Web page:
The Little Review (littlereview) wrote,
The Little Review

Poem for Sunday

Fine Knacks for Ladies
Adapted by John Dowland

Fine knacks for ladies, cheap, choice, brave and new!
Good pennyworths! but money cannot move.
I keep a fair but for the fair to view;
A beggar may be liberal of love.
Though all my wares be trash, the heart is true.

Great gifts are guiles and look for gifts again;
My trifles come as treasures from the mind.
It is a precious jewel to be plain;
Sometimes in shell the Orient's pearls we find.
Of others take a sheaf, of me a grain.

Within this pack pins, points, laces and gloves,
And diverse toys fitting a country fair.
But in my heart, where duty serves and loves,
Turtles and twins, court's brood, a heavenly pair.
Happy the heart that thinks of no removes!


Robert Pinsky in Poet's Choice in The Washington Post Book World notes that the poem above is anonymous, set to music by John Dowland, who lived from 1563 to 1626. "Just saying the poem aloud creates a kind of tune," Pinsky states. "The unknown a sincere plainness for his ways of writing and courting. Cunning as well as tuneful, the poem is a rather fancy assertion of being straightforward or unadorned. Writing a poem that imitates the call of a street vendor is a paradoxically elaborate way of suggesting that the 'wares' offered are unpretentious and truehearted...hard for any turtledove to resist this dazzling assertion of simplicity. A 'sheaf' of others -- a sheaf of pages or of wheat-stalks -- equals one grain of this peddler's wares.

Saturday we went to the International Spy Museum, which is housed in a building more than 100 years old in a neighborhood undergoing rapid restoration, and which we had never visited before. It's a fantastic museum with kids -- we were there with five in all, ranging from three to twelve, and although the youngest got restless in the historic section of the exhibit (no computers to play with there), the older kids were completely absorbed, particularly in the early part where you pick the identity of a spy, memorize details and then put them into a computer for a "mission." There's also a climbing-and-crawling through ducts exercise, a bunch of computerized activities like identifying a suspected spy from surveillance video and picking equipment for an infiltration, and there are a great many neat things to look at -- some of our favorites in the main exhibit hall were James Bond's Aston Martin, a piece of fabric modeled on Elizabeth I's dress from the Rainbow Portrait with eyes and ears embroidered on it, an umbrella with a firearm hidden in the handle that's a copy of one used for an assassination and a display on whether Bacon or Marlowe wrote Shakespeare using modern cryptography to look for clues (conclusion: no).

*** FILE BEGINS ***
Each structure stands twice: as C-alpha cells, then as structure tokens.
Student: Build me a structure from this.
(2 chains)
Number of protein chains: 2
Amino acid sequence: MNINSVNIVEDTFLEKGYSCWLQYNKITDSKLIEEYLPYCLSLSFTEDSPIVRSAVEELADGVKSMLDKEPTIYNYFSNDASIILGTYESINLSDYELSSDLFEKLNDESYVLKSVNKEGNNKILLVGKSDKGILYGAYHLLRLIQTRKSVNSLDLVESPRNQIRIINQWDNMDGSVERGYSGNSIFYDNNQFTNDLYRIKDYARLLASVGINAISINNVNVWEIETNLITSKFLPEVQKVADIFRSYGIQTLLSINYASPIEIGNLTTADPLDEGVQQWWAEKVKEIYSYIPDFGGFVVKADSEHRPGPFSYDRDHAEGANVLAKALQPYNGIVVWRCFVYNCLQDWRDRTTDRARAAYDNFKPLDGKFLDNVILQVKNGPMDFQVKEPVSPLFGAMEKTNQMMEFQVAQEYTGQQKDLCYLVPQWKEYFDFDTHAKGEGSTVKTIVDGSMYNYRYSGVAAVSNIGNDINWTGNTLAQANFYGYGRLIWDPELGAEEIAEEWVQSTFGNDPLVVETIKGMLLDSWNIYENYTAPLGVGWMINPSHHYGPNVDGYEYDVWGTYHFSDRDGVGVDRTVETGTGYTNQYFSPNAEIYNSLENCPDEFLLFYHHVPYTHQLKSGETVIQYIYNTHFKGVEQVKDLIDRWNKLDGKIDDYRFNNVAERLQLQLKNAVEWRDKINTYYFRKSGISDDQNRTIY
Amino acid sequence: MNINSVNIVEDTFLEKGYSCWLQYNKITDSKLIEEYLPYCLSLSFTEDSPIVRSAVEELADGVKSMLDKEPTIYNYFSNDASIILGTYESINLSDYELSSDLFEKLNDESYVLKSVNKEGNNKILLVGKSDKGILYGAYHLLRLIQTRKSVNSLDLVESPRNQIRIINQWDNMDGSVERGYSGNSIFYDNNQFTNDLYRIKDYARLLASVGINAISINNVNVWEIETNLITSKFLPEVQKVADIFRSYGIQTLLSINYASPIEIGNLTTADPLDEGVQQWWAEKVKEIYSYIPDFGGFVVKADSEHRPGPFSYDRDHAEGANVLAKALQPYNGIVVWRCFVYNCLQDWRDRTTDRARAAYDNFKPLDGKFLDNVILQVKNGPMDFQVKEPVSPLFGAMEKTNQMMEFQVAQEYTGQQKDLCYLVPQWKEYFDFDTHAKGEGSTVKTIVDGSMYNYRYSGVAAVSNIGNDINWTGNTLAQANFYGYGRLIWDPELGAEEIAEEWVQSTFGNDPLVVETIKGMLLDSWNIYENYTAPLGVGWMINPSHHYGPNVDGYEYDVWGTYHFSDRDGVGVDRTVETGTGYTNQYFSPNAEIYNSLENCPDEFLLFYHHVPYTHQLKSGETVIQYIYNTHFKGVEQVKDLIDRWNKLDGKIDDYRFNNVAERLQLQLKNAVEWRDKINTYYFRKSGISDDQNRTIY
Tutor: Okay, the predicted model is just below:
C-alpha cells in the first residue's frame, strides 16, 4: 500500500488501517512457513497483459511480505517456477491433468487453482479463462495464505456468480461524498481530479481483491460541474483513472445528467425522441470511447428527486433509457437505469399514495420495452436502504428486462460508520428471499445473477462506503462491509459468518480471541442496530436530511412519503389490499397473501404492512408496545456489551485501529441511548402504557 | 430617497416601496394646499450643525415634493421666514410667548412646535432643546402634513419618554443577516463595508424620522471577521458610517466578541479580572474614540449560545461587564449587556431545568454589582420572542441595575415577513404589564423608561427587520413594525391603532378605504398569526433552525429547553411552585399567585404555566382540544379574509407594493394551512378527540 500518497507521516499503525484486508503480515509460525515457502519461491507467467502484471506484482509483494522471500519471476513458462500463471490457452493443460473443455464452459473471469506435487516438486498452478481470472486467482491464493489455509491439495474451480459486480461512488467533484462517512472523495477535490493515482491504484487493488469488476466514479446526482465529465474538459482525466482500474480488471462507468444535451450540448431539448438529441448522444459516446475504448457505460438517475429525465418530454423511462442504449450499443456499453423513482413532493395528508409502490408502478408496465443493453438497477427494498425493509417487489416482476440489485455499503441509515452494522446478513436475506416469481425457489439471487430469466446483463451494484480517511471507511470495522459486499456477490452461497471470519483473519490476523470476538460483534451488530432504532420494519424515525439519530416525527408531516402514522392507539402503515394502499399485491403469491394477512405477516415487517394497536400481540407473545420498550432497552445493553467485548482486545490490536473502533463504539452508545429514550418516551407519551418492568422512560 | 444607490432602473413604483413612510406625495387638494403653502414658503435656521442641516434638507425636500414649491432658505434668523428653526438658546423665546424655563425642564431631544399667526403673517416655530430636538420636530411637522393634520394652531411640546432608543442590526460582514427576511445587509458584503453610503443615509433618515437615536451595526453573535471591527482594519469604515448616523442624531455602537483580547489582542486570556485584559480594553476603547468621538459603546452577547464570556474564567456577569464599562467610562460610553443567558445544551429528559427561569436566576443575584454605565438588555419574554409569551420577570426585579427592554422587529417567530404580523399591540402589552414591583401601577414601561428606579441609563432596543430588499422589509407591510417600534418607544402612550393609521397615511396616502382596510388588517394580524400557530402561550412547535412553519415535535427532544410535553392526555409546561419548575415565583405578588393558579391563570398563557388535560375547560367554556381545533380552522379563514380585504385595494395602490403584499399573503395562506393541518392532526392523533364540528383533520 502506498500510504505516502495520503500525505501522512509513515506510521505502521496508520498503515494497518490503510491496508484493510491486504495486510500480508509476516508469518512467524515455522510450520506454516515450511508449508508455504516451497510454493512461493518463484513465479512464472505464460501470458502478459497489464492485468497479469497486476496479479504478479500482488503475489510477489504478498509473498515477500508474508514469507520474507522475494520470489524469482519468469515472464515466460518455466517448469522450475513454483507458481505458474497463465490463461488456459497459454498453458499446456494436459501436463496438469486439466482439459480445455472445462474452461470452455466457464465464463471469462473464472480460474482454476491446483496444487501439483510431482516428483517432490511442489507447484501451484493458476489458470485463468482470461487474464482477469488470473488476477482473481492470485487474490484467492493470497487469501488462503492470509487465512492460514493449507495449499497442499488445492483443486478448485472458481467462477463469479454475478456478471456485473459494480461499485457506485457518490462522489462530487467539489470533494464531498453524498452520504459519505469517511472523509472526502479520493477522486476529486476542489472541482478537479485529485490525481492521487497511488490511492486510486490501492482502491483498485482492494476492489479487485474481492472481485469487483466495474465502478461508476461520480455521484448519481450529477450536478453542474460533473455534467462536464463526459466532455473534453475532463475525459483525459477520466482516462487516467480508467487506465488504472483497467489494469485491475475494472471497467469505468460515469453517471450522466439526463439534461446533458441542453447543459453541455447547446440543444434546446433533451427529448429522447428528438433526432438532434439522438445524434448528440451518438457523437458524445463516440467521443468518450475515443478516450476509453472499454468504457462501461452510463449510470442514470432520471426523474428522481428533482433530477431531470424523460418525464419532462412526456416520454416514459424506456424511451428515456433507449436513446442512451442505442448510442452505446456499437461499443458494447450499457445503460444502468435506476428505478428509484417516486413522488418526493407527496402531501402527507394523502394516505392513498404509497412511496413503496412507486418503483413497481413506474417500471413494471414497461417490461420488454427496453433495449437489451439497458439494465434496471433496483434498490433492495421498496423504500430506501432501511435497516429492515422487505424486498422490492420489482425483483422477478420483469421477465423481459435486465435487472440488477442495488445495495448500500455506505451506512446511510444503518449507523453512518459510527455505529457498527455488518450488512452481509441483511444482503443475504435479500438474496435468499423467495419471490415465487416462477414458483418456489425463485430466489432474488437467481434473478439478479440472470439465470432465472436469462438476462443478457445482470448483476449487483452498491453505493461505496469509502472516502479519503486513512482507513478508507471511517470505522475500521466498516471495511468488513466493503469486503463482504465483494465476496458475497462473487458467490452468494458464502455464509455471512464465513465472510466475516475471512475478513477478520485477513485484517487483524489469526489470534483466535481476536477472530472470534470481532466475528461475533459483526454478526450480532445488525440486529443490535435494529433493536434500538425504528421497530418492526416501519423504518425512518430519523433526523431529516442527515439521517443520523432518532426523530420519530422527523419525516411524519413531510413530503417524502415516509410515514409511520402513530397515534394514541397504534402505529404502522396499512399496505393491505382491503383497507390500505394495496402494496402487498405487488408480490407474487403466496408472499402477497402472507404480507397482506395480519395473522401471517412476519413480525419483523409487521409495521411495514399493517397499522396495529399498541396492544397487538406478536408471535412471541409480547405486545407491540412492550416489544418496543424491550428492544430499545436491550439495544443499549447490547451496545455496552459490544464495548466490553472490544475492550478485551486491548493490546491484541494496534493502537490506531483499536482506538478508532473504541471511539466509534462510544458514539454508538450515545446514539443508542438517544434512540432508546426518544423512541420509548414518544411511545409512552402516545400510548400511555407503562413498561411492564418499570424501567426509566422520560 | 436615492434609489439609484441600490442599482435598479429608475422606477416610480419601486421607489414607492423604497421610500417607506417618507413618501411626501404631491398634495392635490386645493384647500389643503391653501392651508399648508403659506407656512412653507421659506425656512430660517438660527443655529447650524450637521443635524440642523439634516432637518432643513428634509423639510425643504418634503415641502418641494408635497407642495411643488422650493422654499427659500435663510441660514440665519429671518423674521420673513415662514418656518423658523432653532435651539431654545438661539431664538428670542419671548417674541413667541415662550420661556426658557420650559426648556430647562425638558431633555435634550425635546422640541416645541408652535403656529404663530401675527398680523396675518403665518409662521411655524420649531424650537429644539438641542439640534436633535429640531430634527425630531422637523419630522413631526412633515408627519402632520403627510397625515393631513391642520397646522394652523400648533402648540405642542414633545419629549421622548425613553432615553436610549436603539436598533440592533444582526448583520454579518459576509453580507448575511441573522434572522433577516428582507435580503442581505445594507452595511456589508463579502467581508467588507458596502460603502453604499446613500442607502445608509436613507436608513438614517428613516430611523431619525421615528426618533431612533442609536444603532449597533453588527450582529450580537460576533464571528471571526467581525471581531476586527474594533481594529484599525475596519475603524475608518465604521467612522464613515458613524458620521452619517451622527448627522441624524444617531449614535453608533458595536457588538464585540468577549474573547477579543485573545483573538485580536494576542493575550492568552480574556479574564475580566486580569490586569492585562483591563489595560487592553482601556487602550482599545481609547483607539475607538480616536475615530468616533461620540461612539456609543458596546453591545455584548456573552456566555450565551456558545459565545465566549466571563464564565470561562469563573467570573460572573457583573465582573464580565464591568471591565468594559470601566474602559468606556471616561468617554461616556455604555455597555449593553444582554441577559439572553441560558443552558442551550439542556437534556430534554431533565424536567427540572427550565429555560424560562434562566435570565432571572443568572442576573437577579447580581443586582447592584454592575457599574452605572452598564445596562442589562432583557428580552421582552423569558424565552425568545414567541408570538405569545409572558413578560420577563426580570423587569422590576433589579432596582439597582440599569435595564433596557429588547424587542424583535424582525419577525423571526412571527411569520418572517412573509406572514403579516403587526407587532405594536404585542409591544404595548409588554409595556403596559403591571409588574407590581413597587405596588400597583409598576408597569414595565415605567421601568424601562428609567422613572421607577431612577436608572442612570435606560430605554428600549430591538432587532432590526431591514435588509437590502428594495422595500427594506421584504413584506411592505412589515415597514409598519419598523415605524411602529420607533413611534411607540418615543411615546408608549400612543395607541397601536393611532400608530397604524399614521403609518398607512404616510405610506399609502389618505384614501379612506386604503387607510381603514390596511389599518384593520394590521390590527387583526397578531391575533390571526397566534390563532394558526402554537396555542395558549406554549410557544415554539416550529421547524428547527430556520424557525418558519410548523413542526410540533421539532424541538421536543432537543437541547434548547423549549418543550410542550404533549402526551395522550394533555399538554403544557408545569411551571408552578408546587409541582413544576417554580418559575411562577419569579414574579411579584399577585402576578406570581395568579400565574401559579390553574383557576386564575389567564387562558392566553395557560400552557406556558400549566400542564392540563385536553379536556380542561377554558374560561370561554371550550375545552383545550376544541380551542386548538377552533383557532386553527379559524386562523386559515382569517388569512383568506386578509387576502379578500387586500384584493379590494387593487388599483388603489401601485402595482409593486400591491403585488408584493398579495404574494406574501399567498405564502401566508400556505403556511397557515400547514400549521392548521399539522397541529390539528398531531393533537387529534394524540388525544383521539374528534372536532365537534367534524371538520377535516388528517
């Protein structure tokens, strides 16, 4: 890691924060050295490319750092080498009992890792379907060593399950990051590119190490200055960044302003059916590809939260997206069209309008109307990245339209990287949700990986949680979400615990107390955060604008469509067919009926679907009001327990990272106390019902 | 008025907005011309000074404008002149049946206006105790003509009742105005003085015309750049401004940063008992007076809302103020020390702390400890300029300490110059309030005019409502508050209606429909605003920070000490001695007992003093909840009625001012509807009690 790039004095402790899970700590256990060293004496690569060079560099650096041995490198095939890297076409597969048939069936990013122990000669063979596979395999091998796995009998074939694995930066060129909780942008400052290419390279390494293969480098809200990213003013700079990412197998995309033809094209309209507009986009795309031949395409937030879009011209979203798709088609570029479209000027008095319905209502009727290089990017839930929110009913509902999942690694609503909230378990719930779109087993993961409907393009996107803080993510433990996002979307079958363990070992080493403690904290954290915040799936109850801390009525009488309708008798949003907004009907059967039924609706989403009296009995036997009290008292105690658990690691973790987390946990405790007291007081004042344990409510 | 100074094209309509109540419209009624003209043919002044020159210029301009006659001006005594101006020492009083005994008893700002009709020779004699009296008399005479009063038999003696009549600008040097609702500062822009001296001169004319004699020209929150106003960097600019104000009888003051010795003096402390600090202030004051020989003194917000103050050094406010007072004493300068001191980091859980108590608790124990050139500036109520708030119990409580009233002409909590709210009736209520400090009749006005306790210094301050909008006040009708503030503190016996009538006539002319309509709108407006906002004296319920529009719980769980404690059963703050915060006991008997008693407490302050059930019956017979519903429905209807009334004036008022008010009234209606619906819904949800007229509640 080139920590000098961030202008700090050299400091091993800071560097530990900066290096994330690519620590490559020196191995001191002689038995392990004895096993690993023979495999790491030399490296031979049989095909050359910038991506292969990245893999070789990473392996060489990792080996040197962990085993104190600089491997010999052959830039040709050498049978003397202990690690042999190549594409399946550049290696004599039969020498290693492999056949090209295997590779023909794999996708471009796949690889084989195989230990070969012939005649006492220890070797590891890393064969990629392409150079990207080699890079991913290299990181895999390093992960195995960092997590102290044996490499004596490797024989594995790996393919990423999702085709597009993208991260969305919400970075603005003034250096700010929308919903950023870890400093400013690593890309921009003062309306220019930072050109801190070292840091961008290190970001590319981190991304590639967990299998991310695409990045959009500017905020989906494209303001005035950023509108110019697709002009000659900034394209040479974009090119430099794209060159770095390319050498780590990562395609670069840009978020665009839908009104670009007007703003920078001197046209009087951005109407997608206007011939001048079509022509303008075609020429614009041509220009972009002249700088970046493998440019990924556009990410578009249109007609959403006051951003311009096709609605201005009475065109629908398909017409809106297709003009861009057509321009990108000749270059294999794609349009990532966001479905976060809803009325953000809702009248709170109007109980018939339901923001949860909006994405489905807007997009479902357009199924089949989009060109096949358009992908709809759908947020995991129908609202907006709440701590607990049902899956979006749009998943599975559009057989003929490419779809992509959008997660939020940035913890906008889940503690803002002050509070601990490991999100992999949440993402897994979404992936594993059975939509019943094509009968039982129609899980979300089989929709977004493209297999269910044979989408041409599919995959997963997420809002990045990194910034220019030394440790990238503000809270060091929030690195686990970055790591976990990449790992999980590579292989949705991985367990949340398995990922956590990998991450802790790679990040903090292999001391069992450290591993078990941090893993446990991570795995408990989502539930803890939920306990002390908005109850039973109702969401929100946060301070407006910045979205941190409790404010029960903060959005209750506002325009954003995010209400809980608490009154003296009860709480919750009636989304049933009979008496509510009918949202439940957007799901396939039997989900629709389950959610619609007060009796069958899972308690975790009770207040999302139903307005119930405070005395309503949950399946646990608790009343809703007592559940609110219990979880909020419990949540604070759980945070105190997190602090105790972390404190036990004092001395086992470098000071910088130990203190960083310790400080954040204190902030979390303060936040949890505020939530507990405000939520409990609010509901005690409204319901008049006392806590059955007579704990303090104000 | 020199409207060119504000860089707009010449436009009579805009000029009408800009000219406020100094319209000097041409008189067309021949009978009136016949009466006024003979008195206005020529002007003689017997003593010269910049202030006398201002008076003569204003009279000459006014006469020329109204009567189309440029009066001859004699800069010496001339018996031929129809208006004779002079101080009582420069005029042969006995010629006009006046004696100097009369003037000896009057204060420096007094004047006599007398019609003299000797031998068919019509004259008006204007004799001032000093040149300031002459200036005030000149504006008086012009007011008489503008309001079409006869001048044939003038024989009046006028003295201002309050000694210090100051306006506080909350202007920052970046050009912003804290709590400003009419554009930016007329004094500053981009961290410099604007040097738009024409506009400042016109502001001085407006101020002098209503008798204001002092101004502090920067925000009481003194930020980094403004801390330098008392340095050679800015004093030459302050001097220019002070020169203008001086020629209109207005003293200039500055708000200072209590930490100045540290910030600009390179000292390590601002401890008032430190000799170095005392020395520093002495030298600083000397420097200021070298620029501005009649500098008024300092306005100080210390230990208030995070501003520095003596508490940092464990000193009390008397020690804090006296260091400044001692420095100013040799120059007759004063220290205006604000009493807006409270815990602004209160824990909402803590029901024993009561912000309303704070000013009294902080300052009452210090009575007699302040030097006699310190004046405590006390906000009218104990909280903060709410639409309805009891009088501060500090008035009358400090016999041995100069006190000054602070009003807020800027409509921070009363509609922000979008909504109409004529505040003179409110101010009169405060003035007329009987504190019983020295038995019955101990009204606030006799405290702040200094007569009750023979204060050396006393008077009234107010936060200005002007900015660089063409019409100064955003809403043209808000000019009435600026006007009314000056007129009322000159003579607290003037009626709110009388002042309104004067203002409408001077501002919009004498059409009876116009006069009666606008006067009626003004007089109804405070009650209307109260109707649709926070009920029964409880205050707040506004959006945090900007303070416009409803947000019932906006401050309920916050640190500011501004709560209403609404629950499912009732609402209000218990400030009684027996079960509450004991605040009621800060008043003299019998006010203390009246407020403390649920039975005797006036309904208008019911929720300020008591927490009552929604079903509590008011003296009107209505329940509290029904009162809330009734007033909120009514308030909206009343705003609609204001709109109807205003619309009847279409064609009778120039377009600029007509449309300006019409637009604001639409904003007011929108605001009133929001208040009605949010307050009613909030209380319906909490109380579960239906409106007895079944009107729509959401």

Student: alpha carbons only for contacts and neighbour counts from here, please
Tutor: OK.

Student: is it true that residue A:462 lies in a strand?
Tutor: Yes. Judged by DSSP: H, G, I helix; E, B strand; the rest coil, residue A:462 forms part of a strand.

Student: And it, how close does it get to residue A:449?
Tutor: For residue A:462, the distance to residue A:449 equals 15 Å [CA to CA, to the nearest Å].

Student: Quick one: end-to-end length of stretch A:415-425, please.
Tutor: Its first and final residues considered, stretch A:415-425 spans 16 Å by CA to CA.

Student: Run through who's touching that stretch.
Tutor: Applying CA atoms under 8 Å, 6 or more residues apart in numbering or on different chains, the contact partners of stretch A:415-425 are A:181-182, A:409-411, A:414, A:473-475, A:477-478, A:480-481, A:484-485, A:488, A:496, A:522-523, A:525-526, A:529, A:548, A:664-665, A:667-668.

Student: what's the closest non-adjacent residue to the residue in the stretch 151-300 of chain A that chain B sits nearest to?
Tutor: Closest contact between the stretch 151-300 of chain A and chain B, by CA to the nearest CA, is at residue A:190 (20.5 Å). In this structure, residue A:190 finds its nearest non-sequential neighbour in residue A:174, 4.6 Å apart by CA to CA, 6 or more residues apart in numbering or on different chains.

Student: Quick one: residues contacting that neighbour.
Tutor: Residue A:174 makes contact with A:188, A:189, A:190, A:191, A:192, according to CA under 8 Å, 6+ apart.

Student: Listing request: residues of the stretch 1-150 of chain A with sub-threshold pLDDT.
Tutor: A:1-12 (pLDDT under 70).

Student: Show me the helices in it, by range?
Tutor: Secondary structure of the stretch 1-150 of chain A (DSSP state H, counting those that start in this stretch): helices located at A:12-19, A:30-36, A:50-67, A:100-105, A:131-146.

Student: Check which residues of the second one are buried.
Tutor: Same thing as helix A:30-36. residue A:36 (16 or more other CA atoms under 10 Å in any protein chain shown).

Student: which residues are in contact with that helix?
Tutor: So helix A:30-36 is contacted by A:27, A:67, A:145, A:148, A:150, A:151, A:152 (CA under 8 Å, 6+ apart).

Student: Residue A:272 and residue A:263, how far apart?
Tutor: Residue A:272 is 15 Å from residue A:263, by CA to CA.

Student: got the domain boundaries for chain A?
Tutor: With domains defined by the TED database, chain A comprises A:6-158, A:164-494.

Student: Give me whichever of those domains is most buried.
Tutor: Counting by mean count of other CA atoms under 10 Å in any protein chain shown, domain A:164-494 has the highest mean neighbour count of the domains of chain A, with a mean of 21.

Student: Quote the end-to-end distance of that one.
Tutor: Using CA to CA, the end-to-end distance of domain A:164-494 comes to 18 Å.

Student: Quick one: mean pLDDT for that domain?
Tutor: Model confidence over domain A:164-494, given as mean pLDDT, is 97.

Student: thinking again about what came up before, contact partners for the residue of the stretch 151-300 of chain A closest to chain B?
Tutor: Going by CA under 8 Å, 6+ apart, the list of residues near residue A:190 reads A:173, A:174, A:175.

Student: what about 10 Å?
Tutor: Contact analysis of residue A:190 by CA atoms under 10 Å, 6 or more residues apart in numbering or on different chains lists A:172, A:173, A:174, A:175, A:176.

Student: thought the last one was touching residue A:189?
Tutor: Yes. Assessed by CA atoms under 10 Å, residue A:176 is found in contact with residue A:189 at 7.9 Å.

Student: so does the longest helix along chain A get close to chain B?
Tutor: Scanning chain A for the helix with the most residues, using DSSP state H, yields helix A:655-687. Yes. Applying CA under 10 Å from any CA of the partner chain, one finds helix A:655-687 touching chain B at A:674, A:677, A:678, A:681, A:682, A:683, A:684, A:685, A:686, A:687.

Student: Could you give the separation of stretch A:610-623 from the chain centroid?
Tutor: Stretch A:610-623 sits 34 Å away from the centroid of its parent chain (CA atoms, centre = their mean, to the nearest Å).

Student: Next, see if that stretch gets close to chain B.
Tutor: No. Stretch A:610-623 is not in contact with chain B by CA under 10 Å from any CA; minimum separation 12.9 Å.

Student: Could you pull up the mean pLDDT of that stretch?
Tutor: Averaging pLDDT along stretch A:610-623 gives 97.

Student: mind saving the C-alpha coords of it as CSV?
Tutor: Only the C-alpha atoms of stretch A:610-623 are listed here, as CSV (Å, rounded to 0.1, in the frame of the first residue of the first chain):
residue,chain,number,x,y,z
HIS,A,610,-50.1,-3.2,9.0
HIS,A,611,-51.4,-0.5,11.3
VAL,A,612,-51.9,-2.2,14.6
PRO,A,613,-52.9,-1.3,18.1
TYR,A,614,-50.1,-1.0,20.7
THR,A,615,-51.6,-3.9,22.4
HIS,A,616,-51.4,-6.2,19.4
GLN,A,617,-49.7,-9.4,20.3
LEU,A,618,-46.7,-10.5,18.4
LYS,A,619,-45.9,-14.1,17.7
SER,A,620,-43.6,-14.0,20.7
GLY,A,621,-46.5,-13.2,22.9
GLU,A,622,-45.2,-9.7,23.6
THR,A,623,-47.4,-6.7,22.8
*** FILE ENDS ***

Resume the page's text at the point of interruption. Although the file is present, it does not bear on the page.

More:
My kids' single favorite item was probably the doggie doo camera -- a miniature camera hidden in a pile of dried poop, on the theory that no one would pick it up to examine it. There is a traveling exhibit on "Spy Treasures of Hollywood" that has Diana Rigg's leather pants from The Avengers (I think I may have scandalized my friend from Chicago when I said I wanted to get into Emma Peel's pants, heh), some TV Mission: Impossible props like Barbara Bain's fake ID photos, a whole bunch of James Bond items including shoes that demonstrate that much as I don't like Sean Connery, the man has HUGE feet, and some Austin Powers stuff that the kids appreciated, not having seen most of the movies and TV shows there. They were a little interested in the Mata Hari sex-spying but much more interested in the use of pigeons for surveillance! And they had these little light-up glitter lamps with the museum logo for $8 and it is making my desk a happy place. Regrettably, there were no photos allowed in the exhibits, but here are a few from around the museum:

The Warder Building, one of several connected historic buildings that house the International Spy Museum.

T-shirt from the gift shop that son found most appropriate. (He actually once claimed that he "lost" his report card when he tripped and dropped it in a storm drain!)

A few blocks away, the FBI Building. *cue X-Files theme, which reminds me of the time I called for an article for with the words, "I'm calling from AnotherUniverse..." only to be told in an exasperated voice that the FBI did not really have a paranormal division*

Our kids and our friends' kids putting their hands in the fountain at the Sculpture Garden next to the National Gallery of Art, just before the little boy in red fell in -- fortunately his parents had brought a change of clothes.

Tonight we discovered that The Terminator was on and even though it is R-rated (for bloodiness, the F word and Linda Hamilton's breasts), we let the kids watch it because they know so much about the Governator that we figured they were entitled to know where he came from. I think of that analytically as a pretty good movie but I had forgotten just how much I love it. Makes me want to reread Constance Penley's essay on the film's use of the word "motherfucker" and how the primal scene plays out as a form of utopian thinking. *G* The kids greatly enjoyed the movie and now I must track down not only Judgment Day, which in some ways I think is better than the first -- I recall feeling that it was more feminist, with Sarah being much more in control of her own destiny -- but Rise of the Machines, which I have never seen. Oh, Arnold, why couldn't you have stayed in Hollywood? The Running Man and Total Recall are among my favorite guilty pleasures!

Sunday is my father's birthday and we are going to the Nationals-Dodgers game. The Dodgers (Brooklyn, not L.A.) were his childhood team so I am not even sure who he's rooting for. I am rooting for the Nationals to justify all the money DC is spending on them by winning!

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